I couldn’t help but wonder why this was happening, why was each race ending with me feeling so broken, both physically, mentally and emotionally. It made me feel so out of love with the sport, something that had given me so much joy the past 5 years.

While I was recovering from my injury I didn’t think that continuing on with these big events was something I ever wanted to do again. I will never forget the feeling when I got back on my bike for the first time in over 3 months after my shoulder recovery. I was so underwhelmed. I hated it. After not pushing it too much, I decided I’d just let it be, that desire might return later on.

Thankfully it did. Over time I started craving being back on the bike, being with my tri buddies. I started tossing up the idea of getting back into some races. After much debating and discussion, I decided that I did want to have another crack at Ironman. It turns out I wanted it more than ever. But I was only going to do it if I could convince my best friend Sara to do it with me.

With over 6 months from race date, Sara and I made a pact. We were going to do this. It was on!

As the weeks flew past, I felt like I was regaining some of that fitness I had lost, but boy it felt harder than I ever remembered.

Starting from a lower base of fitness than ever before plus trying to rehab an injured shoulder was posing it’s challenges.

I was trying to find the balance of not over doing the shoulder but also not fluffing the process of preparing for what is one of endurance worlds toughest challenges. This is where my coach gave the greatest guidance. Adam from Beckworth Racing was a huge mentor for me throughout the year. I’m so grateful for his work. As the weeks due closer I was starting to feel my best, things were coming together. An Ironman build is truly unique and getting to the end in good health and uninjured was always my aim.

6 weeks out from IM Cairns I raced a half ironman distance (1.9km swim, 90km bike and 21.1km run) in Port Macquarie. Boy I’m glad I pencilled this race in!

It was another big learning day for me. Trialling nutrition, race strategies and testing how the body was feeling. Safe to say I was excited to be racing and may have overdone the bike on a tough hilly course which compromised my run.

After that race I made significant changes to my nutrition and my bike plan leading into Cairns.

It was soon time to fly to Cairns, heading up the Tuesday before. It was certainly a nice change in weather. The cold weather had really set in in Melbourne so 25 and sunny in Cairns was just perfect. A few short sharp sessions to keep the body ticking over helped nicely. It’s amazing to seeing the town transform into Ironman Village. Athletes from all over the world here to do the same thing you are. There is such a buzz around.

On the days leading in to the race the weather wasn’t great. It was all: wind, rain, sun, repeat. However it wasn’t anything I hadn’t already trained and prepared for back in Victoria.

The night before Ironman I had the worst sleep I think I’ve ever had before a race. It was an early start in Palm Cove, alarms off at 5:00am to begin the final prep before we were to head down to the swim start.

The sun started to rise, we could see the water was actually the best it had been all week. Still not amazing, but better than the day before. The wind was up, but again we knew that.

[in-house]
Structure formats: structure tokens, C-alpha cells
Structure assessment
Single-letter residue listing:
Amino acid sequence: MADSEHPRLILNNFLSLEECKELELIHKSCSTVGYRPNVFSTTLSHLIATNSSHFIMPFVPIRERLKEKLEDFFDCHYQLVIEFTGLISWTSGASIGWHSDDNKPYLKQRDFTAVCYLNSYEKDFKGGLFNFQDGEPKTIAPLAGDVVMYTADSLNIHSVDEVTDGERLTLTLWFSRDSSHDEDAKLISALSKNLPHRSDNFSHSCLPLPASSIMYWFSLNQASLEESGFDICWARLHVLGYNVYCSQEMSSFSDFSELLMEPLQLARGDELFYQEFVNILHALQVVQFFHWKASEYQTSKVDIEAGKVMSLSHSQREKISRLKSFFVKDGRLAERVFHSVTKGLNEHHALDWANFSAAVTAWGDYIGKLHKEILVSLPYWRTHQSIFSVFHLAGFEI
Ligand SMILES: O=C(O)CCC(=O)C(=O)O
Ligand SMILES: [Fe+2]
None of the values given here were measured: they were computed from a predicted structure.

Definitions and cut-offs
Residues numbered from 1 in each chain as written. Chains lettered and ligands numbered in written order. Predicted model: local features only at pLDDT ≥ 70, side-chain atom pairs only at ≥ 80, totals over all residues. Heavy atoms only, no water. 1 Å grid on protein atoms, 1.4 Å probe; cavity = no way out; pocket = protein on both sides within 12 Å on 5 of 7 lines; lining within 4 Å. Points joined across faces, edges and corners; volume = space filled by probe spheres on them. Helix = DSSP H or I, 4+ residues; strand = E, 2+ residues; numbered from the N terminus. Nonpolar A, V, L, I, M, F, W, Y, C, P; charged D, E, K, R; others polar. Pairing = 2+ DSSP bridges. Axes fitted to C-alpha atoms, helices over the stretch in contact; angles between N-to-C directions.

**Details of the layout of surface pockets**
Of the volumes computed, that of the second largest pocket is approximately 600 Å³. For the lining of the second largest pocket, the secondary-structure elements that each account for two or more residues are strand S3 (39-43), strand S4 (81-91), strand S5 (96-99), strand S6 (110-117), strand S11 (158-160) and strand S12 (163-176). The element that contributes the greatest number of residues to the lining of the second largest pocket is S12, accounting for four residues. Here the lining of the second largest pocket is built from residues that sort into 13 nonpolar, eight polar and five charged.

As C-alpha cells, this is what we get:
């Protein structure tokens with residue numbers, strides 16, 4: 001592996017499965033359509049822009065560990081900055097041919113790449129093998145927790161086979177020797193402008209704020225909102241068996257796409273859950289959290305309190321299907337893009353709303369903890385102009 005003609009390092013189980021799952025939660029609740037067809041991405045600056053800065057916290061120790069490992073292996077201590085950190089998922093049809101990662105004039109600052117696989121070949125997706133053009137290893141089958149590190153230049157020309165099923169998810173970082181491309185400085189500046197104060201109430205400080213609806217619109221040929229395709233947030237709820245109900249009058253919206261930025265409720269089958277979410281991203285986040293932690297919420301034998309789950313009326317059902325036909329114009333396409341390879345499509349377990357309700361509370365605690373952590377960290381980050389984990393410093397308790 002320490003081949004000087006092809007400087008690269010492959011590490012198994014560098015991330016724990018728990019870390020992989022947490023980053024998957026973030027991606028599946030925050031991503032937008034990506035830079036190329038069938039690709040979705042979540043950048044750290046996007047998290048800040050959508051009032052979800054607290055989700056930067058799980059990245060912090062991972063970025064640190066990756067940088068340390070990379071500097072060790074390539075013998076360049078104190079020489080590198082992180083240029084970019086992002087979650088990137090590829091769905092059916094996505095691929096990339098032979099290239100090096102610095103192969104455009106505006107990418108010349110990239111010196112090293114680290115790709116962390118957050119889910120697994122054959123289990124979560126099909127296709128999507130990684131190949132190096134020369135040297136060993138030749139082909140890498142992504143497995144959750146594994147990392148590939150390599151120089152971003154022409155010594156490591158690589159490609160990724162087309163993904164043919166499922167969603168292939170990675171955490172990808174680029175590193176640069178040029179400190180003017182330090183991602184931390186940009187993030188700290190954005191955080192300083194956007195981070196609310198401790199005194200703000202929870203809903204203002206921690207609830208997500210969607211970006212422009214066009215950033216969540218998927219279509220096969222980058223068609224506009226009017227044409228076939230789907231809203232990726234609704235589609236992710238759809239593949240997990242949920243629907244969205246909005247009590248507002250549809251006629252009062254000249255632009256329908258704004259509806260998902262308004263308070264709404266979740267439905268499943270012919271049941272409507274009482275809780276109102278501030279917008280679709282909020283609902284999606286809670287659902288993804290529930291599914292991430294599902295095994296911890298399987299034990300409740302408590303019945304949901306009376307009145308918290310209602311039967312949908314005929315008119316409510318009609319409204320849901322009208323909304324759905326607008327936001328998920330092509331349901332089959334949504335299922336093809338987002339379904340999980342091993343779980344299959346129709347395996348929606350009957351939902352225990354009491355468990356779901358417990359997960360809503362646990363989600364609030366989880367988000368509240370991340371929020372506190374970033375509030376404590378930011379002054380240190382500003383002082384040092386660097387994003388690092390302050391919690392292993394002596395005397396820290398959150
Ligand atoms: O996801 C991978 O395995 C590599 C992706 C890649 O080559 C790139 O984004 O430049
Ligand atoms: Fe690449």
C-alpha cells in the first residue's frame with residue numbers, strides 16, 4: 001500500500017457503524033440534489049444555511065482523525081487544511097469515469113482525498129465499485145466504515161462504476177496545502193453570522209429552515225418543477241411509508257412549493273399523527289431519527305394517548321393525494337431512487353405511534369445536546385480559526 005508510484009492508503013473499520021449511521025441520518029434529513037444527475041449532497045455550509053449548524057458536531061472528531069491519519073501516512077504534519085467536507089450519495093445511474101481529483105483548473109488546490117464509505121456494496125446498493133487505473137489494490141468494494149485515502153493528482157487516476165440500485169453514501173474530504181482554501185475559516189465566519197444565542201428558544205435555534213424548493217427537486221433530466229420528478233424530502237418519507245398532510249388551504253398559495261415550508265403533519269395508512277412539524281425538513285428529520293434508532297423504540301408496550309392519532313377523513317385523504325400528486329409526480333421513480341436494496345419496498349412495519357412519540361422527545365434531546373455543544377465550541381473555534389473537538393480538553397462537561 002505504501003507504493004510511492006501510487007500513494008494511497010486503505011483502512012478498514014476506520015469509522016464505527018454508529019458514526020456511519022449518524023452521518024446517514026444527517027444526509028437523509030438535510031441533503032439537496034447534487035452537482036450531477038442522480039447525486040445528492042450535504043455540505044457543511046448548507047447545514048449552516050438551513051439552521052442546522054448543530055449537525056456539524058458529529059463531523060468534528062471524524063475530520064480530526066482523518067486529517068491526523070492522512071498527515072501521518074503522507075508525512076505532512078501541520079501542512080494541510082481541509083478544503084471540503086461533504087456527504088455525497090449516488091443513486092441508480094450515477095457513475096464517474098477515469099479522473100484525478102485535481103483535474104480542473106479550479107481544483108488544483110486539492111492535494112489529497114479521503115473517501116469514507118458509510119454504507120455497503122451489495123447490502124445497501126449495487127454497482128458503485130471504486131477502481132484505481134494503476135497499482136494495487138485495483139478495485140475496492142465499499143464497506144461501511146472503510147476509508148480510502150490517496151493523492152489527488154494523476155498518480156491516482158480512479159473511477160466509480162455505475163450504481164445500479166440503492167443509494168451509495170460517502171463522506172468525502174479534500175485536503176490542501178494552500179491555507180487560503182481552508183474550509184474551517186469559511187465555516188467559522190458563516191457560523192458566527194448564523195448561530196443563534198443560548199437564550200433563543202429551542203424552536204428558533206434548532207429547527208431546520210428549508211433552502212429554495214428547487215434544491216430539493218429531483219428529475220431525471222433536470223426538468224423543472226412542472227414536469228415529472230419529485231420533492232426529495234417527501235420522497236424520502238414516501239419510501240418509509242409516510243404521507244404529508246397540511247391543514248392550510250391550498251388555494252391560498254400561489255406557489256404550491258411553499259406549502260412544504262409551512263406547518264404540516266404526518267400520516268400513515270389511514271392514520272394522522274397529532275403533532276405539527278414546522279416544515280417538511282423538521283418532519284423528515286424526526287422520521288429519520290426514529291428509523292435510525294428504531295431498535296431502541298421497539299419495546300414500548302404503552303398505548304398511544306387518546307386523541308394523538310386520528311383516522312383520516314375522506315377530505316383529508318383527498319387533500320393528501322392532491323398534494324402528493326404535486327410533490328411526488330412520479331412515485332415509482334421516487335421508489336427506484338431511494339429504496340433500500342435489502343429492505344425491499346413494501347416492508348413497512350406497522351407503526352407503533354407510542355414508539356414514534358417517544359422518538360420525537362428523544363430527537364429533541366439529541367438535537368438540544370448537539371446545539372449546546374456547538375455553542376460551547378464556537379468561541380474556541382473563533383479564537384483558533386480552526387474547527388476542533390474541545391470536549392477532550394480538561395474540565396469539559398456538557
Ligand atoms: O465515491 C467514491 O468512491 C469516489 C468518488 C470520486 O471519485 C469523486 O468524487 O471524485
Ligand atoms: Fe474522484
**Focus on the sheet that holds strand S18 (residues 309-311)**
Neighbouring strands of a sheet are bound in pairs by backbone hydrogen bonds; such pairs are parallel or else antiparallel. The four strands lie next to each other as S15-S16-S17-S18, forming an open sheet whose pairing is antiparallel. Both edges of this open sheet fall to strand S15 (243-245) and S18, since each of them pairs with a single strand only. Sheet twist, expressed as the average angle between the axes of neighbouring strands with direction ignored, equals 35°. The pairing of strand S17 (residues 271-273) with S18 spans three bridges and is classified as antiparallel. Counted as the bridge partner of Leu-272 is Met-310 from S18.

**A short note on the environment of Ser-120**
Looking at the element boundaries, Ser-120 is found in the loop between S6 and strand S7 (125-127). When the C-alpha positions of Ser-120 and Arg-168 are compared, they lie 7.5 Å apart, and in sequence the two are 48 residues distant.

One thing I’ve learnt from racing, is wasting energy on being nervous is exactly that, wasted energy. Deep breaths and focusing on the immediate next task at hand kept the nerves at bay. Sara and I suited up and got in for a quick warm up swim, the water temp was cool and refreshing. We were ready.

A rolling start on the beach was slow but exciting, watching people enter the water knowing that they had begun their Ironman journey is great to watch. In we went at around 8:00ish am. Bring it on, 3.8km of challenging open water swimming. There was a lot of people in the first 200m trying to find their momentum as they were swimming into the waves. It was hard at the start but I knew it would settle, just breathe and pass them until I found my groove. The swim was honestly the best part of my day, I was wrapped with my time in those conditions, and to think this time last year I was in a sling unable to move my arm for 13 weeks! It was pure joy!

Straight out of the water, trying to clean the famous Palm Cove mud from my face, I was so happy to be running into transition, I felt so good. Getting on the bike was a slow exit, with lots of other doing the same. Seeing familiar faces who were cheering me on was awesome! Now it was time to settle in for a very scenic 180km on the bike down the Captain Cook Highway. My plan was consistent heart rate (especially on the hills) nutrition and hydration. With the Port Mac’s Half Ironman experience in the back of my mind I feel like I achieved my goals for the bike. My time was slower than expected but I feel the last 70km stretch from Port Douglas back to Cairns challenged me. With a tough head wind I knew I needed to reassess to save my legs for the run. As I was getting back into Cairns city I was so close but the wind was making me feel slower and slower. It was just head down and pedal, focusing on who was ahead, trying to catch them until I was on the esplanade. I was so pumped to see people as I flew down the last 3km. 180km ride was complete.